By Alison Knopf
“I don’t think there’s a single legislator who isn’t interested” in passing opioid bills, Mary Bono, former Republican Congresswoman from California, told AT Forum last month. The giant package from the House of Representatives—H.R. 6–SUPPORT for Patients and Communities Act—passed June 22 by a 396-14 vote. Provisions are now under consideration in four Senate committees.
Former Speaker Gingrich: “A National Crisis”
Bipartisan support doesn’t mean legislation is guaranteed to pass: lawmakers need to know how important the legislation is to their constituents. “This is a national crisis, and legislation has bipartisan support,” former Speaker Newt Gingrich told AT Forum last month. “Both ethically and politically, Congress has to pass a bill,” said Mr. Gingrich, who is also an advisor to Advocates for Opioid Recovery (AOR). “I think it will happen this year,” he added, “but it’s important for the community to keep the pressure on.”
On the Senate side, the Committee on Health, Education, Labor and Pensions (HELP) passed the Opioid Crisis Response Act of 2018 (S. 2680) in April. Three Senate committees, in addition to HELP, are considering opioid legislation: Judiciary, Finance, and Commerce. Finance has the provision of H.R. 6 that covers Medicare expansion for Opioid Treatment Programs (OTPs).
Key Legislation for OTPs: H.R. 6
Passed in the House, now under consideration in the Senate, the bill to expand Medicare coverage is the most important legislation for OTPs, said Mark Parrino, president of the American Association for the Treatment of Opioid Dependence (AATOD).
“The issue that bears watching is keeping the focus on OTPs, and not just MAT [medication-assisted treatment]. The use of buprenorphine is good; the medication is effective; our concern has always been, what is the treatment itself?” he said.
For 10 years Mr. Parrino has worked on getting Medicare legislation passed. It has taken this long partly because changing Medicare payments to such an extent needed the approval of Congress. The Centers for Medicare and Medicaid Services (CMS)—lacks the authority to make the change.
CMS can add Medicare coverage under Part D, which covers drugs only, but not under Part B, which would cover services (including in a doctor’s office or in an OTP). A new category—the bundled rate for treatment in the OTP—needs approval by Congress. The House has already approved Medicare coverage of OTP services, including all three federally approved medications, under Part B, as part of H.R. 6. But pressure must be maintained in the Senate; it needs to upgrade the wording in its version to cover all patients, and not just as a demonstration project.
“I don’t want to go member by member,” said Ms. Bono, asked how she thought senators would line up behind provisions such as requiring Medicare to pay for OTP treatment. “But the notion of having access to medication-assisted treatment is widely accepted,” she told AT Forum.
Still, expanding Medicare coverage for OTPs “is a relatively new concept for Congress, something we had to look really hard at in Washington,” she added. Indeed, the House version of the Medicare bill goes further than the Senate version—at press time, the Senate version looked more like a demonstration project than full coverage.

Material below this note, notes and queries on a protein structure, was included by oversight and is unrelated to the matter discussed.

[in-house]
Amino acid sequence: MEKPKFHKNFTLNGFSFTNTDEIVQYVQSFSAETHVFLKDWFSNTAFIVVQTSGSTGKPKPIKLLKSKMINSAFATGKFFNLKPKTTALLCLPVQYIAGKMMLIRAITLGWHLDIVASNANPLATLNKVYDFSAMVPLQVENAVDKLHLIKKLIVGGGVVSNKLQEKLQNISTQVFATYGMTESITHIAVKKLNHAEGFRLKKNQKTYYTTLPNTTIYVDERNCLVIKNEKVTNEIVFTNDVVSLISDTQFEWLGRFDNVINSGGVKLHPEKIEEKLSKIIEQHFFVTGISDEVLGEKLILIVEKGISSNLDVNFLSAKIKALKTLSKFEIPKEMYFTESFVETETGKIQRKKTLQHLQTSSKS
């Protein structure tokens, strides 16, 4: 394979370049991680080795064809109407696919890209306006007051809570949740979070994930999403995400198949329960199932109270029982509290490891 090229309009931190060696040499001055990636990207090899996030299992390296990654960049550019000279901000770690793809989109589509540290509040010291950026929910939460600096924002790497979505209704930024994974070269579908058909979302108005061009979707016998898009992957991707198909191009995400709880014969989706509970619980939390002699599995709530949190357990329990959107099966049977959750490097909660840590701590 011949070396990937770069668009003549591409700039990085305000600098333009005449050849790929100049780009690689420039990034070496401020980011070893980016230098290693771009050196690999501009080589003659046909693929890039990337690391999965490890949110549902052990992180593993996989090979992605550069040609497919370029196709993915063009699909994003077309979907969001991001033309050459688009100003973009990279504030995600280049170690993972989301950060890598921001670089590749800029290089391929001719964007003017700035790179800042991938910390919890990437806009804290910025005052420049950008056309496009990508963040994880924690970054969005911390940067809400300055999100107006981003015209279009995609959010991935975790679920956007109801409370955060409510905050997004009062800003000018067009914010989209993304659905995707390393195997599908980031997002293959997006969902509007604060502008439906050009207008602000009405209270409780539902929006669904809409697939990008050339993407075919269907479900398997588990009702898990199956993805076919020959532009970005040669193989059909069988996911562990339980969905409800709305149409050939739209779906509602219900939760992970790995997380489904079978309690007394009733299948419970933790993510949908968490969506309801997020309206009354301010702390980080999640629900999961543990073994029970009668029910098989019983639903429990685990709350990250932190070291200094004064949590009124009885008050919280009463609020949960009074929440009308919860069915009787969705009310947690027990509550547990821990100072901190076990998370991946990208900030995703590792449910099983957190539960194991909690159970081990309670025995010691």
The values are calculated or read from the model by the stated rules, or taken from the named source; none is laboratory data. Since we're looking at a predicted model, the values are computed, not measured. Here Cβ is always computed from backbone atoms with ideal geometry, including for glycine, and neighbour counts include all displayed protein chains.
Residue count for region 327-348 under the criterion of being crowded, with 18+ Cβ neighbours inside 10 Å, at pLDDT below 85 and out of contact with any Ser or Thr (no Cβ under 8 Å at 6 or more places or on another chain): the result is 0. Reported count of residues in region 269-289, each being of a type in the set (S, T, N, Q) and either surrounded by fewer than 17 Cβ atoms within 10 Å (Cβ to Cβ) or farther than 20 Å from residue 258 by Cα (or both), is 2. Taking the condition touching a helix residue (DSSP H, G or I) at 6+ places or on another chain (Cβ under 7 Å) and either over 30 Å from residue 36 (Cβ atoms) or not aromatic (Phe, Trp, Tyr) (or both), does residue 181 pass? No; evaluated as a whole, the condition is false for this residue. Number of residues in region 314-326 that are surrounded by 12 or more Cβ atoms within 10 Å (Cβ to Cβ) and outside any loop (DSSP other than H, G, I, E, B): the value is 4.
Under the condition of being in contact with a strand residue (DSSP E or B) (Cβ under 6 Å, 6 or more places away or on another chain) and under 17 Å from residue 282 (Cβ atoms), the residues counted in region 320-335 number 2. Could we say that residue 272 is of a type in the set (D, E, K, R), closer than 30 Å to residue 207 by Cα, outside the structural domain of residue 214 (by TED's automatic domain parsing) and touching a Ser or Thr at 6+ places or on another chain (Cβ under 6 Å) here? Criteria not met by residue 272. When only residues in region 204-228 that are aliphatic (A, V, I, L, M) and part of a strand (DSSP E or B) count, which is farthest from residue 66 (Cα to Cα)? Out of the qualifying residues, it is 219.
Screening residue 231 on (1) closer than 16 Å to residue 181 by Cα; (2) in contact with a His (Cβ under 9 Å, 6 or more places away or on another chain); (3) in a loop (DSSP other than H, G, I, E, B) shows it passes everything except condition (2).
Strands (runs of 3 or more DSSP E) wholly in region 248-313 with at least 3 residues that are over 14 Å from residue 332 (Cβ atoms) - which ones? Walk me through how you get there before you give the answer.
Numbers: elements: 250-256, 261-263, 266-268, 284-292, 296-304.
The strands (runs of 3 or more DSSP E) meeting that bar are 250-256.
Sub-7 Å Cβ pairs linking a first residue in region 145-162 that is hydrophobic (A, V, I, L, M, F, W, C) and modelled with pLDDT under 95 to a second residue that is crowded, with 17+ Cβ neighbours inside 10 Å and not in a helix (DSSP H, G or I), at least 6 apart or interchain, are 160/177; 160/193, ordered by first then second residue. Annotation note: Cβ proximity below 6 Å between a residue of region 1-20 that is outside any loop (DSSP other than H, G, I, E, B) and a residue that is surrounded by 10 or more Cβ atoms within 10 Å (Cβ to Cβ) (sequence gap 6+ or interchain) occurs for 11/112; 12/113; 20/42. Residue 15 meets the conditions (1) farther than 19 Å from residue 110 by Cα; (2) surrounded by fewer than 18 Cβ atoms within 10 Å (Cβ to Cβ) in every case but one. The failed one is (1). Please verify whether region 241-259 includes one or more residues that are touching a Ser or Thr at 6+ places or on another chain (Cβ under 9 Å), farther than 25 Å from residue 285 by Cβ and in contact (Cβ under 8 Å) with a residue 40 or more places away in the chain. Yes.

Summary of Key Bills
|H.R. 6 SUPPORT for Patients and Communities Act
Passed by the House
Provisions under consideration in three Senate committees: Judiciary, Commerce, and Finance; Finance has provision covering Medicare expansion for OTPs
Full Title The Substance Use Disorder Prevention that Promotes Opioid Recovery and Treatment [SUPPORT] for Patients and Communities Act
H.R. 6082 Overdose Prevention and Patient Safety Act
Passed by the House; under consideration in the Senate Would replace the protections of 42 CFR Part 2, HIPPA’s confidentiality regulation Under provision referred to Senate HELP Committee, treatment providers could release patient information without obtaining consent from the patient indicating to whom the information is being released
S. 2680 Opioid Crisis Response Act of 2018
Passed by the Senate Committee on Health, Education, Labor and Pensions (HELP)
Other Senate Committees Considering Opioid Legislation
Judiciary, Finance, Commerce
August Recess Looms, Then Midterm Elections; Will the Senate Act?
If the Senate doesn’t tackle opioid legislation by the August recess—shortened, because of the legislative workload—the delay could perhaps extend even past the midterm elections.
It’s more important to “get it right” than to rush it through, said Ms. Bono. “Before or after the elections—there’s a lot in play with this schedule.” Ahead are many nominations and appropriations, and a Supreme Court nomination—“always a huge heavy lift for the Senate,” she said. “In this contentious environment, it’s even more so.”
So, the opioid bills, despite having widespread bipartisan support, will “take a lot more effort” than lawmakers would like, said Ms. Bono.
Congress Takes a Leap Forward
The passage of H.R. 6 is an unprecedented leap forward, said Rep. Kevin Brady (R-Texas), chairman of the House Ways and Means committee, on the day the bill passed. “The impacts of the opioid crisis reach every community across the nation, and Congress took major action to fight back today.”
Eight committees in the House, including the Ways and Means committee, put forward bipartisan proposals to help the families and communities we represent,” said Congressman Brady, after the bill passed. “In particular, H.R. 6, the SUPPORT for Patients and Communities Act, puts in place many common-sense measures to reduce the unnecessary prescription of opioids, and to assist those who’ve become addicted.”
Kudos to the Committees